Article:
| Unknown extension tag "googlemap"|
|NGR||NJ 54644 20230|
|Lon. & Lat.||57.270458,-2.753682|
|Parish||Tullynessle and Forbes|
|Nearby Castles||Knockespock, Craig of Auchindoir|
| Unknown extension tag "googlemap"|
A ruin until 20 years ago when it was beautifully restored . Terpersie, originally known as Dalpersie, is in Aberdeenshire, about three miles north-west of Alford in a glen that penetrates the Correen Hills from the east, behind the buildings of the farm that replaced it.. It is a small modest place, although there was at one time a 17th century wing, built onto where the door is. As it stands now, it is a Z-plan castle, consisting of an oblong main block with round towers at diagonally opposite corners. The walls rise to two storeys and a garret and are well defended with shot-holes. The basement of the main block is not vaulted and a stair rises within the walling of the south gable to the Hall on the first floor. The upper floor is reached via a spiral-stair in a turret corbelled out in the eastern re-entrant between the main block and the south-west tower.
For all its seclusion, Terpersie is not unconnected with incident. William Gordon, the first laird, was a cadet (younger son) of the Lesmoir Gordons and acquired the lands in 1556 from the Bishop of Aberdeen. He appears to have borne his part in the troubles of his day, fighting at the battle of Corrichie in 1562, those of Tillyangus and the Craibstone (Aberdeen) in 1571, and the battle of Brechin in 1572. In 1561 he built the castle, as recorded on its walls.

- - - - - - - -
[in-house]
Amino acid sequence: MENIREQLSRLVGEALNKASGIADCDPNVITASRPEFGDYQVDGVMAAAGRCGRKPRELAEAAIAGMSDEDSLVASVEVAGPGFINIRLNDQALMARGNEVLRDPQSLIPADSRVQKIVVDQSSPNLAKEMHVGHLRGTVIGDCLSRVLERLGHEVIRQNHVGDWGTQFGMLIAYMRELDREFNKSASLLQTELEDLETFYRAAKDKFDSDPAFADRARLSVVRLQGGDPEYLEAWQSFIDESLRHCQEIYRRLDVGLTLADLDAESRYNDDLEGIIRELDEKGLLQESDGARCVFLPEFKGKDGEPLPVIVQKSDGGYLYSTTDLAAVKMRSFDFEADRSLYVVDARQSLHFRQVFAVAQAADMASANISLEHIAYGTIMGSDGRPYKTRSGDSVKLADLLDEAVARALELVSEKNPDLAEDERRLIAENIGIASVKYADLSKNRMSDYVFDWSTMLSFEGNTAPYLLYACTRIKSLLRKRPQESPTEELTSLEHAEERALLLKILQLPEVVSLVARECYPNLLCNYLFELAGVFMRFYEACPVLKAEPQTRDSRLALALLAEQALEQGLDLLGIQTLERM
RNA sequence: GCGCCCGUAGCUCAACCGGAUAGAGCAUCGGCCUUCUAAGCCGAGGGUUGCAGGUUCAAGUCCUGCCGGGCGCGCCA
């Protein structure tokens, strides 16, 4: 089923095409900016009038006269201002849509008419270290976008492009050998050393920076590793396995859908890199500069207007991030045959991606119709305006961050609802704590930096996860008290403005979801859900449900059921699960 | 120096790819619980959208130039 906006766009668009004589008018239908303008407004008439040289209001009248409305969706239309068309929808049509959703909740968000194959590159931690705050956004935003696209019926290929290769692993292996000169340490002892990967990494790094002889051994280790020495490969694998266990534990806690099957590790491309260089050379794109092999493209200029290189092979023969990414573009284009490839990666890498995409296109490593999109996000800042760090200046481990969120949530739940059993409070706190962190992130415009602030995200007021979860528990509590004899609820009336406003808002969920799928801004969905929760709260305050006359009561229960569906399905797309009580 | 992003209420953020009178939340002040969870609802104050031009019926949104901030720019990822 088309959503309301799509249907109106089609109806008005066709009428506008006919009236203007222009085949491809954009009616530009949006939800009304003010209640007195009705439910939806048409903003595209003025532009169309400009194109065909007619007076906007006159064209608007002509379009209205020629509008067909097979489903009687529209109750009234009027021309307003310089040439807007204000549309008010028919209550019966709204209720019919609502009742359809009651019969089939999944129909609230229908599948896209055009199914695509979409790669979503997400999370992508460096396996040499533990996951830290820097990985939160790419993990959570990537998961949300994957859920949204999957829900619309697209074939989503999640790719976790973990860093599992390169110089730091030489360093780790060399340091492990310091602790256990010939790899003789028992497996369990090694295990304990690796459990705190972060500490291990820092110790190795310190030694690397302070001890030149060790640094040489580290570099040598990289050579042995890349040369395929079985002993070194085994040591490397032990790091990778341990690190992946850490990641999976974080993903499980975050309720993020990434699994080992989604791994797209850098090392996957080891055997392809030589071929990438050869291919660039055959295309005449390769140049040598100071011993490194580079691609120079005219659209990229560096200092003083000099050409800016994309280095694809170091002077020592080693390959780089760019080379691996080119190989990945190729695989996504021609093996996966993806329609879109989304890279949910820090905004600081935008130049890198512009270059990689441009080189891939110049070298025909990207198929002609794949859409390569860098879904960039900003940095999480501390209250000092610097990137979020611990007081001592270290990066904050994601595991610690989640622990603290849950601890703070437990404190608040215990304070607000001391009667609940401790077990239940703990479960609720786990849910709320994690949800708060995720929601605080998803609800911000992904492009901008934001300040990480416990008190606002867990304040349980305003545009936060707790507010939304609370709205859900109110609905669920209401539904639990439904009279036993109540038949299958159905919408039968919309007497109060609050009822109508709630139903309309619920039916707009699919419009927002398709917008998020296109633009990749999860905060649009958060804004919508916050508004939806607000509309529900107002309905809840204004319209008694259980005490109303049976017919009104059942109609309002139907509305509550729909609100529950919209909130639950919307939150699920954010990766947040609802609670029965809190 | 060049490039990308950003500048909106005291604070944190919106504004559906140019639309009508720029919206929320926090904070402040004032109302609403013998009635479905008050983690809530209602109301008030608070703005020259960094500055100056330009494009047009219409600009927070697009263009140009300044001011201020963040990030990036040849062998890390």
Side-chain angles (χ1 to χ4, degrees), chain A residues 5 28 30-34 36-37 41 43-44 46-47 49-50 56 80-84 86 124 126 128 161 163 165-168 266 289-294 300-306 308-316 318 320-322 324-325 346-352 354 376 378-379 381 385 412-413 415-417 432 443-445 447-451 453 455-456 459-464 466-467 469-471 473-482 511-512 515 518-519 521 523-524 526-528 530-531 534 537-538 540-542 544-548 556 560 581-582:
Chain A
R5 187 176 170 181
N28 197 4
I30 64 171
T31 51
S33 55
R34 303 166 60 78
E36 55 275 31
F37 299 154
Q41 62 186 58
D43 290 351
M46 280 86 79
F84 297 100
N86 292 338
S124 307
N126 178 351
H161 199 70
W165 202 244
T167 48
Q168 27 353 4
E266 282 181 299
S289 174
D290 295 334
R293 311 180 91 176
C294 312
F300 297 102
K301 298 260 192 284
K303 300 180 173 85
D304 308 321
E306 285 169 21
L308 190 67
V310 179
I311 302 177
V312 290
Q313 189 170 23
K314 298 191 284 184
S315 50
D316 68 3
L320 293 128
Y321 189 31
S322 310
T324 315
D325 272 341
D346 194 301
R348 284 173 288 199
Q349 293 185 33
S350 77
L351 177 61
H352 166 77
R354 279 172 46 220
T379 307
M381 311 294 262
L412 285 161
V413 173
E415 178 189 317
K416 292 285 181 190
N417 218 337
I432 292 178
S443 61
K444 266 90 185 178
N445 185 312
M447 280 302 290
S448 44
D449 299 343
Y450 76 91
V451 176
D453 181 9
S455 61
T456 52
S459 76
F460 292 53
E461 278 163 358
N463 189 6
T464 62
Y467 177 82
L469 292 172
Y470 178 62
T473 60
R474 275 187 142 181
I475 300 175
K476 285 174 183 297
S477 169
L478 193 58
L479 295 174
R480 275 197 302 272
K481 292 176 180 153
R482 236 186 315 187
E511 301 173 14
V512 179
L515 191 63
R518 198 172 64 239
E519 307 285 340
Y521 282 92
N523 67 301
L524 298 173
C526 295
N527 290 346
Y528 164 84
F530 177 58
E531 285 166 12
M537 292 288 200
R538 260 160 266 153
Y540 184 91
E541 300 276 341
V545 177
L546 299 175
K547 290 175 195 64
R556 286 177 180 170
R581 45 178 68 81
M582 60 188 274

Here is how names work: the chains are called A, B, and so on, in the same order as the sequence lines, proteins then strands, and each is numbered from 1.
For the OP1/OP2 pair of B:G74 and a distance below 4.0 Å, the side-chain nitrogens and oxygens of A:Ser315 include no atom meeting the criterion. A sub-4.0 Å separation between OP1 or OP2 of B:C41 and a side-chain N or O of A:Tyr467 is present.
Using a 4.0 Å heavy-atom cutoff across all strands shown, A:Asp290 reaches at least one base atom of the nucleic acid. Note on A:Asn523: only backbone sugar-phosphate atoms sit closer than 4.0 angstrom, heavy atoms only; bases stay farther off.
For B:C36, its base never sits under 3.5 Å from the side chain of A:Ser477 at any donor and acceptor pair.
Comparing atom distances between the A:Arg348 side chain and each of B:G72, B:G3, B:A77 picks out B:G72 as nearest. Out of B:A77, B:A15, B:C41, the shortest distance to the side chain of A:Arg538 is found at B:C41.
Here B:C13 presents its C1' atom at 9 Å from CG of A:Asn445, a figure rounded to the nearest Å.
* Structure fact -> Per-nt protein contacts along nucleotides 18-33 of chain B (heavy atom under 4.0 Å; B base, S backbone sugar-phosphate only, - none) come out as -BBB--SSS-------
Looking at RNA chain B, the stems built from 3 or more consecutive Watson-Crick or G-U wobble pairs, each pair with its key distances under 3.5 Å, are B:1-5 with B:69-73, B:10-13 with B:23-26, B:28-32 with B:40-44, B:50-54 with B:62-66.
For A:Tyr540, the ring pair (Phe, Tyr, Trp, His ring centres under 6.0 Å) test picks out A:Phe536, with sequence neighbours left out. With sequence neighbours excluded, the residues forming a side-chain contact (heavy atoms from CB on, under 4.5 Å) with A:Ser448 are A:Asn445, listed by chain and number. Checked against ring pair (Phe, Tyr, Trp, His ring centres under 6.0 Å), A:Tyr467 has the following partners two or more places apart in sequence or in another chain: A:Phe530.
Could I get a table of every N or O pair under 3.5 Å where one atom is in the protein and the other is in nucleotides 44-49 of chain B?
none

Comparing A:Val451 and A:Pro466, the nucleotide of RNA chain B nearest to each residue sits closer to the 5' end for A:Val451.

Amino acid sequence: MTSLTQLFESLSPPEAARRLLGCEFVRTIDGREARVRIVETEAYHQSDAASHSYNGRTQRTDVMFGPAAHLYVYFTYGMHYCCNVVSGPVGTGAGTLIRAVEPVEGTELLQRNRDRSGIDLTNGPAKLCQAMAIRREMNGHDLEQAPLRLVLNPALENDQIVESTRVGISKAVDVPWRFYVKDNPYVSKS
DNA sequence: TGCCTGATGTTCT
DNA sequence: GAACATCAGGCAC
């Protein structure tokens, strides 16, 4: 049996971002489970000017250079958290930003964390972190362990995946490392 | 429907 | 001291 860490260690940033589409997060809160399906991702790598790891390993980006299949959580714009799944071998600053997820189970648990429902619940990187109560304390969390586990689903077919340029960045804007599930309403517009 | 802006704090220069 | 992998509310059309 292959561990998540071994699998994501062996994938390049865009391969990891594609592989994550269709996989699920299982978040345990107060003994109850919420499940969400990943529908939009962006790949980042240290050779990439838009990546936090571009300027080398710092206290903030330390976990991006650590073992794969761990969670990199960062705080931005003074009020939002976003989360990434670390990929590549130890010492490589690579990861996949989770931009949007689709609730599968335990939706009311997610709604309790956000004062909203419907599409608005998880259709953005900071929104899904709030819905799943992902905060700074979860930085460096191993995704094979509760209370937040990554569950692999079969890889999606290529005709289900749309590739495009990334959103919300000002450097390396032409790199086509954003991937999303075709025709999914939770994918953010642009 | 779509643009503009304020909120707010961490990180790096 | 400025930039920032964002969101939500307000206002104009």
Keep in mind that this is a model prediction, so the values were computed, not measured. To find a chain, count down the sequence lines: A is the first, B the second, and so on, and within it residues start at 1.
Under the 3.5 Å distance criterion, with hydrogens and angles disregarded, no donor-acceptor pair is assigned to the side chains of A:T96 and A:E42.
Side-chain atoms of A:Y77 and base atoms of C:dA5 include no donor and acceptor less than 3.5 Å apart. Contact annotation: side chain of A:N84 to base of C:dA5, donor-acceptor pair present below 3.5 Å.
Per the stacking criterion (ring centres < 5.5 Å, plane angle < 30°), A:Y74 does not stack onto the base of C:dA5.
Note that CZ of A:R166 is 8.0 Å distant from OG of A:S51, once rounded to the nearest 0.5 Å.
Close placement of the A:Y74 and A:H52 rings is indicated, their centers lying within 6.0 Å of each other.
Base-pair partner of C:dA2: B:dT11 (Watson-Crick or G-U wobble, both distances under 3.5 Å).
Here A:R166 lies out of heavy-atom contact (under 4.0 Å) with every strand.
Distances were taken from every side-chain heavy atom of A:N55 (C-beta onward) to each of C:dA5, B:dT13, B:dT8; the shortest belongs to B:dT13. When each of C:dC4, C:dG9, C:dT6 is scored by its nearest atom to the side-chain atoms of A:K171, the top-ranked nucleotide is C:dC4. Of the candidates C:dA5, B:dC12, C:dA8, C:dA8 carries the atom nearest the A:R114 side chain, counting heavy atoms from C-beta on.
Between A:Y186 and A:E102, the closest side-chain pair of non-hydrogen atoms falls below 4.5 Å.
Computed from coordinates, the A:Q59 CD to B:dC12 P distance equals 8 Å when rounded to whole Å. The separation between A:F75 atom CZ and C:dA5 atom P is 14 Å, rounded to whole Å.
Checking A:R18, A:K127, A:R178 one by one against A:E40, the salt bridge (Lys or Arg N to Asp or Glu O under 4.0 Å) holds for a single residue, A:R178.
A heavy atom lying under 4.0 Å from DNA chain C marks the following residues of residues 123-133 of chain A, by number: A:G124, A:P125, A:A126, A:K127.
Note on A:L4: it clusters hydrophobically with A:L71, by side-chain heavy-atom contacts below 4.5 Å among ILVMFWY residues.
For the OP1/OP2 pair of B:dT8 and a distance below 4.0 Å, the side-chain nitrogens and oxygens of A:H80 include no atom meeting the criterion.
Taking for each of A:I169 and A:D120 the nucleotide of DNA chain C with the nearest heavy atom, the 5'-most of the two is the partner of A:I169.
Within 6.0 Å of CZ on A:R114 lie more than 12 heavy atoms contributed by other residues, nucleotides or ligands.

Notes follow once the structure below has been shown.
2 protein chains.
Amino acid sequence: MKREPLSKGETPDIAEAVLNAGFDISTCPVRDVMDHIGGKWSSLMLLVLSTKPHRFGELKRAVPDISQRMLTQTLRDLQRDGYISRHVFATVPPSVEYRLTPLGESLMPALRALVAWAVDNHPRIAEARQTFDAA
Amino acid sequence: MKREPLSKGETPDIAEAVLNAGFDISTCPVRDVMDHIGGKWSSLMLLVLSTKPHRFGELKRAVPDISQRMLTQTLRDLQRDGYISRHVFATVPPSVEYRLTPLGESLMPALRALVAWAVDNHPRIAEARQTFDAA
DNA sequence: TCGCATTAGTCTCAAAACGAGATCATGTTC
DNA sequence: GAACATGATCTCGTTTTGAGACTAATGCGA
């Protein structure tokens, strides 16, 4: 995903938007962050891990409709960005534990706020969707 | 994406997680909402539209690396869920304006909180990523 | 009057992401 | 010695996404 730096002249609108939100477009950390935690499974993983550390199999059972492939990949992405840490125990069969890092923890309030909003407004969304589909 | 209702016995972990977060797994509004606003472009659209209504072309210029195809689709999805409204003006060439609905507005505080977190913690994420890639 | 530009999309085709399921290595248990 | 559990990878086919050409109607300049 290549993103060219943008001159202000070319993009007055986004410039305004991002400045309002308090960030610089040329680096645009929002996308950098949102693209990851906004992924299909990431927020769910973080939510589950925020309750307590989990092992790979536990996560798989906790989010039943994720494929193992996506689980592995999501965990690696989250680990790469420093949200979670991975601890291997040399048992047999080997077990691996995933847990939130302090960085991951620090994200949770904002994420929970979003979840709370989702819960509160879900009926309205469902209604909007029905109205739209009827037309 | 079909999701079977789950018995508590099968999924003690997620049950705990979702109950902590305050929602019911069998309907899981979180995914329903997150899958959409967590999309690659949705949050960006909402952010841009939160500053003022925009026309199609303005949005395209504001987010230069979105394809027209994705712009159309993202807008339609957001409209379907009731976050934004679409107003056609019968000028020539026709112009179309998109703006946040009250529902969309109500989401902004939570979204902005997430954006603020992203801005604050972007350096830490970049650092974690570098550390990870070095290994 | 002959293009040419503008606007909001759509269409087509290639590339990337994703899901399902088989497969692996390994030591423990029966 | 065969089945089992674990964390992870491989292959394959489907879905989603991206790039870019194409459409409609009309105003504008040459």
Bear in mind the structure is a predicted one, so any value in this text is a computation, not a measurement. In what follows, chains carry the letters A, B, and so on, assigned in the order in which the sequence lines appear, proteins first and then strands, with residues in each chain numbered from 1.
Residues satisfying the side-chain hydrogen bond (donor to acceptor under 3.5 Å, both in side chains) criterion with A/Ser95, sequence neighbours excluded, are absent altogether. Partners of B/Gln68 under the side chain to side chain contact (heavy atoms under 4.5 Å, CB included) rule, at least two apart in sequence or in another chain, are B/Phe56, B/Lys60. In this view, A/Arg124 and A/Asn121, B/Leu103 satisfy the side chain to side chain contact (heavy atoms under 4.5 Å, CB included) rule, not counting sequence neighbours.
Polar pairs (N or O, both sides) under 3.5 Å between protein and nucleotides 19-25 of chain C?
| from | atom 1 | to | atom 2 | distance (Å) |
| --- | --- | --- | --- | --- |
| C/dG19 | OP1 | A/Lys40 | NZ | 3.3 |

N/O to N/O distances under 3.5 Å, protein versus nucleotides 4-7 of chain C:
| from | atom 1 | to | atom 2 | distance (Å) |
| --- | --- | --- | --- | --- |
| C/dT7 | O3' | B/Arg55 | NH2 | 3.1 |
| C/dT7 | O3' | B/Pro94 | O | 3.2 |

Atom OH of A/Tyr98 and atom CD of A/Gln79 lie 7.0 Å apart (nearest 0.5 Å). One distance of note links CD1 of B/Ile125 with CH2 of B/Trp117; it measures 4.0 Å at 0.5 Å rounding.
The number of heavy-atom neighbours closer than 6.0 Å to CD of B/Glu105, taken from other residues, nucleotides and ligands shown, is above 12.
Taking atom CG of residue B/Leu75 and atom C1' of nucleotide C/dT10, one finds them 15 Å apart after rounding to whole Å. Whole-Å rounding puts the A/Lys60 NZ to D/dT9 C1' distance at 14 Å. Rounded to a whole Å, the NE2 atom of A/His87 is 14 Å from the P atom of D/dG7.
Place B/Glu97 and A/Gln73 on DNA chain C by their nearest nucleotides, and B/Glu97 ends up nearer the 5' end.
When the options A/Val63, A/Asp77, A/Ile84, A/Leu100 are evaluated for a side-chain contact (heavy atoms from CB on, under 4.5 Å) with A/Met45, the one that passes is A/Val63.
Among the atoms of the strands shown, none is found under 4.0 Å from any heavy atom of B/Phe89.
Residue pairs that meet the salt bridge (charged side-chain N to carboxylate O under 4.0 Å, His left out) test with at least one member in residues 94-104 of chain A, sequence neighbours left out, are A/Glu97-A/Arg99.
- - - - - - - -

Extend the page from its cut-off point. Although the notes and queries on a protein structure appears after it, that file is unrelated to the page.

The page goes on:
In 1645, Terpersie Castle was burnt by the Covenanting army under General Baillie - not during the campaign of Alford, as is usually stated, but while he lay encamped "betuixt the kirkis of Coull and Tarlan" in May of that year. I am not sure if it is still the case, but prior to restoration the marks of the conflagration could still be traced, particularly on the south-west tower, and many of the freestone dressings were badly splintered from the heat.
George Gordon, the fifth laird, was concerned in the murder "under barbarous circumstances" of Alexander Clerihew, tenant of Dubston, a property belonging to Lord Forbes, half a mile away across the Esset Water from Terpersie. This "shocking affair" took place in November 1707 and although an indictment of Gordon and his two sons is preserved among the papers at Castle Forbes, no action seems to have been taken against the perpetrators
Charles Gordon, the elder of the two sons involved in the Clerihew murder, was the last Gordon laird of Terpersie. By the time of the 1745 rebellion, he was a man of over 60 and probably planned to live the rest of his days quietly at Terpersie. History had other plans for him! When Bonnie Prince Charlie landed, the support he had expected was slow to materialize. In the west it was the tradition of clan duty and loyalty that eventually resulted in entire clans joining the cause (and other entire clans staying at home), but in eastern Scotland the clan system was less prevelant. Support for the Stuarts was drummed up by a fairly small group of prominent men - some of these men were nationalists, most were Catholics, and some were just men who had not been favored by the Hanovarians, and who hoped they would benefit and prosper under a new regime they helped put in place. The most infamous of all these men was Major General John Gordon of Glenbucket, who was notoriously harsh in rounding up wavering Jacobites and pressing them into Jacobite service. Charles Gordon of Terpersie was one of those pressed reluctantly into service by Glenbucket.